What is a Rudder?Edit
A rudder is a type of hydrofoil used on a sailboat for the purpose of steering the sailboat. When the rudder is rotated out of plan with the sailboat (thus generating an angle of attack to the water) lift is generated perpendicular to the boat, creating a moment about the keel, causing the boat to rotate.
There are features that a rudder must have to be succesful:
- low drag
- high lift
- mechanically stable
One boat performance limiter is the boats drag, as this limits the boats max speed and how fast it accelerates. As such, it is imperative that the amount of drag supplied by the rudder is reduced as much as possible.
The following designs will reduce drag
- high aspect ratio, where aspect ratio is h/c (h - is height of the rudder, c - chord of the rudder)
- elliptical planform
- low t/c (t - max thickness)
The lift produced by the rudder should be 0 when the boat is trying to sail straight and, as such, most rudders tend to be symmetrical. As well, as stall is approached the rudder must be able to generate enough lift to overcome the inertia of the about, thus allowing it to turn rapidly. Higher lift can be created generally by increasing t/c.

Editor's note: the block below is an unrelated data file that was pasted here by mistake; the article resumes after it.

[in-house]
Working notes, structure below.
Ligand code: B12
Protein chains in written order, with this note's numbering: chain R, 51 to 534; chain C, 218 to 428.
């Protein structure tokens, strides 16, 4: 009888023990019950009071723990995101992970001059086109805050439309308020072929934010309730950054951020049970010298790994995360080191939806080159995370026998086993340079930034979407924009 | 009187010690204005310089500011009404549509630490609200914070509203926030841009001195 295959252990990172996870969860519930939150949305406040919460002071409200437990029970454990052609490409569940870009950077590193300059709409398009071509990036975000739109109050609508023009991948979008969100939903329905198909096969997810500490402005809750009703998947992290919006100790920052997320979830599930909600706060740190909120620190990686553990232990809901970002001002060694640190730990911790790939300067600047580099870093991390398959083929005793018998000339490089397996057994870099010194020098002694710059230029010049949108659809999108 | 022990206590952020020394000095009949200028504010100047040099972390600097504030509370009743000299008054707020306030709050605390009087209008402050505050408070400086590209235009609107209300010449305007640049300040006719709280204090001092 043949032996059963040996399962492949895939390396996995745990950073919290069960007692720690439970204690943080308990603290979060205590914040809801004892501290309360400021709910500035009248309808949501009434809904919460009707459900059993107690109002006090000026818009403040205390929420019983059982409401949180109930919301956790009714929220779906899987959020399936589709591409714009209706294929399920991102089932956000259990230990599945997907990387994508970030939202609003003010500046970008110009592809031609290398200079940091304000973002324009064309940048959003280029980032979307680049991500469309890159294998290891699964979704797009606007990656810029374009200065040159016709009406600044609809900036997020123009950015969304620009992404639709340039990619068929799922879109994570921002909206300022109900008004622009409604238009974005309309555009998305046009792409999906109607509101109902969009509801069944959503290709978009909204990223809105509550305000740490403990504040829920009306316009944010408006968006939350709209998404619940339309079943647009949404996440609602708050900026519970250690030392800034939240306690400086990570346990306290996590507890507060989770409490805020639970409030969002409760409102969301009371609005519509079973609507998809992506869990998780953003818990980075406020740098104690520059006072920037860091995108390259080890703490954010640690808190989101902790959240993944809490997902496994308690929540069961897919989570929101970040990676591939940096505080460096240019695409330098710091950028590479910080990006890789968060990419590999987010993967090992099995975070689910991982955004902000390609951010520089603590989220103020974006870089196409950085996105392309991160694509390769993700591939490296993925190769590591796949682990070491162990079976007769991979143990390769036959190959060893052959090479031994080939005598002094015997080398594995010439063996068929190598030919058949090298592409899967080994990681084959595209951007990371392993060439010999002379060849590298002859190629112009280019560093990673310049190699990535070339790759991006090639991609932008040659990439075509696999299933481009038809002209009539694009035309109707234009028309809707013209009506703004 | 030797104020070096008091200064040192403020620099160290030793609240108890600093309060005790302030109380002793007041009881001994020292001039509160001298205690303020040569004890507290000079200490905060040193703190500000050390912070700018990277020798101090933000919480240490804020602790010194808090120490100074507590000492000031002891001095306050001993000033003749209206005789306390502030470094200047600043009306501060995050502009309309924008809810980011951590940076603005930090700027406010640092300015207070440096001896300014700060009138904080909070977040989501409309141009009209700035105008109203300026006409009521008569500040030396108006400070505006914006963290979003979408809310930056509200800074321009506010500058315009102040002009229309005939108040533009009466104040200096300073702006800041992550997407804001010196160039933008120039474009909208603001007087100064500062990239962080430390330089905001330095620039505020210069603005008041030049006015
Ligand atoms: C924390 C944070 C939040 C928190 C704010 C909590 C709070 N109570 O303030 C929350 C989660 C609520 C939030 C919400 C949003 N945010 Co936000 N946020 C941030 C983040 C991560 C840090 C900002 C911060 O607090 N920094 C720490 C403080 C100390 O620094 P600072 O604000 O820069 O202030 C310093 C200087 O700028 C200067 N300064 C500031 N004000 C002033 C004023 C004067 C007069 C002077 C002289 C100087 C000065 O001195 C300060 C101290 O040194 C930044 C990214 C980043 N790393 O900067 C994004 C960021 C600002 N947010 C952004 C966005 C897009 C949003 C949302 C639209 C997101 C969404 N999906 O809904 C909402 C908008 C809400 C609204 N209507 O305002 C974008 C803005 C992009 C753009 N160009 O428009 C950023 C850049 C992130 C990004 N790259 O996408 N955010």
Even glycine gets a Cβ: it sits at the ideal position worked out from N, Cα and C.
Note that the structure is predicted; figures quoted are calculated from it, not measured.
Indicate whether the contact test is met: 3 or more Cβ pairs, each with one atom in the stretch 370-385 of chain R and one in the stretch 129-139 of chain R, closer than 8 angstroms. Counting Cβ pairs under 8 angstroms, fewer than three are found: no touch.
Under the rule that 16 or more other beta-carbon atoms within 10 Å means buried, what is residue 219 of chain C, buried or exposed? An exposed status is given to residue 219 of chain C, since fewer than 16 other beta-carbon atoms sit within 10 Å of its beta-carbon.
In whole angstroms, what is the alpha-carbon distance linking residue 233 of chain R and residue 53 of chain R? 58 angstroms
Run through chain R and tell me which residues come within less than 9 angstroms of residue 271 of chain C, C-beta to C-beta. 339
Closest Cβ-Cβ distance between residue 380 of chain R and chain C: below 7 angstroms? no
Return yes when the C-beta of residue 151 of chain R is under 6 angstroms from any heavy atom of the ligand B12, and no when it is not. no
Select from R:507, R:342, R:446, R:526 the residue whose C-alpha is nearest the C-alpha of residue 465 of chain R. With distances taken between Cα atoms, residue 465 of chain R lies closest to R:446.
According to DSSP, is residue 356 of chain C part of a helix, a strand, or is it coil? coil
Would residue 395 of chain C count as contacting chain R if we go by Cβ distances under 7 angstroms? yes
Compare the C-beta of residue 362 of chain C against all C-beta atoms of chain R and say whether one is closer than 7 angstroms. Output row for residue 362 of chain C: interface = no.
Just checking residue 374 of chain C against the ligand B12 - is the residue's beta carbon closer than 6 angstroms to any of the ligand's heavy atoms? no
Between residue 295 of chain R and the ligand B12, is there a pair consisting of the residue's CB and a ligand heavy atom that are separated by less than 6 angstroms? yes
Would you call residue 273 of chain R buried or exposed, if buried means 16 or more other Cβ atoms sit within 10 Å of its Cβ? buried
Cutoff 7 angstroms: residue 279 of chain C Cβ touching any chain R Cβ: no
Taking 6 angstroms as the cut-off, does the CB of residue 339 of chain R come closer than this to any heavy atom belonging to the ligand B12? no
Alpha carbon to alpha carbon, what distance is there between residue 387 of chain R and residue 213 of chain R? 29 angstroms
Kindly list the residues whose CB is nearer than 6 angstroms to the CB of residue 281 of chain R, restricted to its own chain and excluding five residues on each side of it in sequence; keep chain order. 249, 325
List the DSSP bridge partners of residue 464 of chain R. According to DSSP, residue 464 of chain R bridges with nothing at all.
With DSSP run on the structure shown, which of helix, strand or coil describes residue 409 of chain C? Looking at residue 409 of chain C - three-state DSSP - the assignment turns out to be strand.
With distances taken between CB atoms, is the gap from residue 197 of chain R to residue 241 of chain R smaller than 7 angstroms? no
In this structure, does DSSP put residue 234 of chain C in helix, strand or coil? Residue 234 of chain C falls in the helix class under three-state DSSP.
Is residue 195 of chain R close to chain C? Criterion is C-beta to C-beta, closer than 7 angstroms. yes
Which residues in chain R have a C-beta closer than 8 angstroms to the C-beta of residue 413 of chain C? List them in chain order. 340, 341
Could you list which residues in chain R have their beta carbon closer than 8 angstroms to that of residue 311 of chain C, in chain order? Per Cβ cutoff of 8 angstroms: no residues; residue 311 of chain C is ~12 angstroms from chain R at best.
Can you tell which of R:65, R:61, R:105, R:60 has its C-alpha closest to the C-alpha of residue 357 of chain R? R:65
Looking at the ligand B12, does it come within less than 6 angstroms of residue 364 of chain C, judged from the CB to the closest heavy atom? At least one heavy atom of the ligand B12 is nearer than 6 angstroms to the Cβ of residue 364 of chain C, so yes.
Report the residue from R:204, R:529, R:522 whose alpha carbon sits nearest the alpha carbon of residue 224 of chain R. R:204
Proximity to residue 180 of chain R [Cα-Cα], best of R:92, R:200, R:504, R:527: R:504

The rudder must be flexurally rigid in order to prevent significant deflection (and thus changing the flow field and drag) three different things can be done, either the stiffness (E) of the rudder must be increased, or the second moment of inertia (I) of the rudder must be reduced, or the bending moment (M) must be reduced. E can be adjusted through using different materials, and I can be adjusted by either increasing the cross-sectional area of the rudder. Finally the moment on the rudder can be reduced by decreasing the lift or height of the rudder.
The rudder becomes uncontrollable if the moment about the pivot of the rudder is greater than that can be generated by the rudder servo.
The rudder must be designed so it doesn't fail, either in static/dynamic loading, or by fatigue.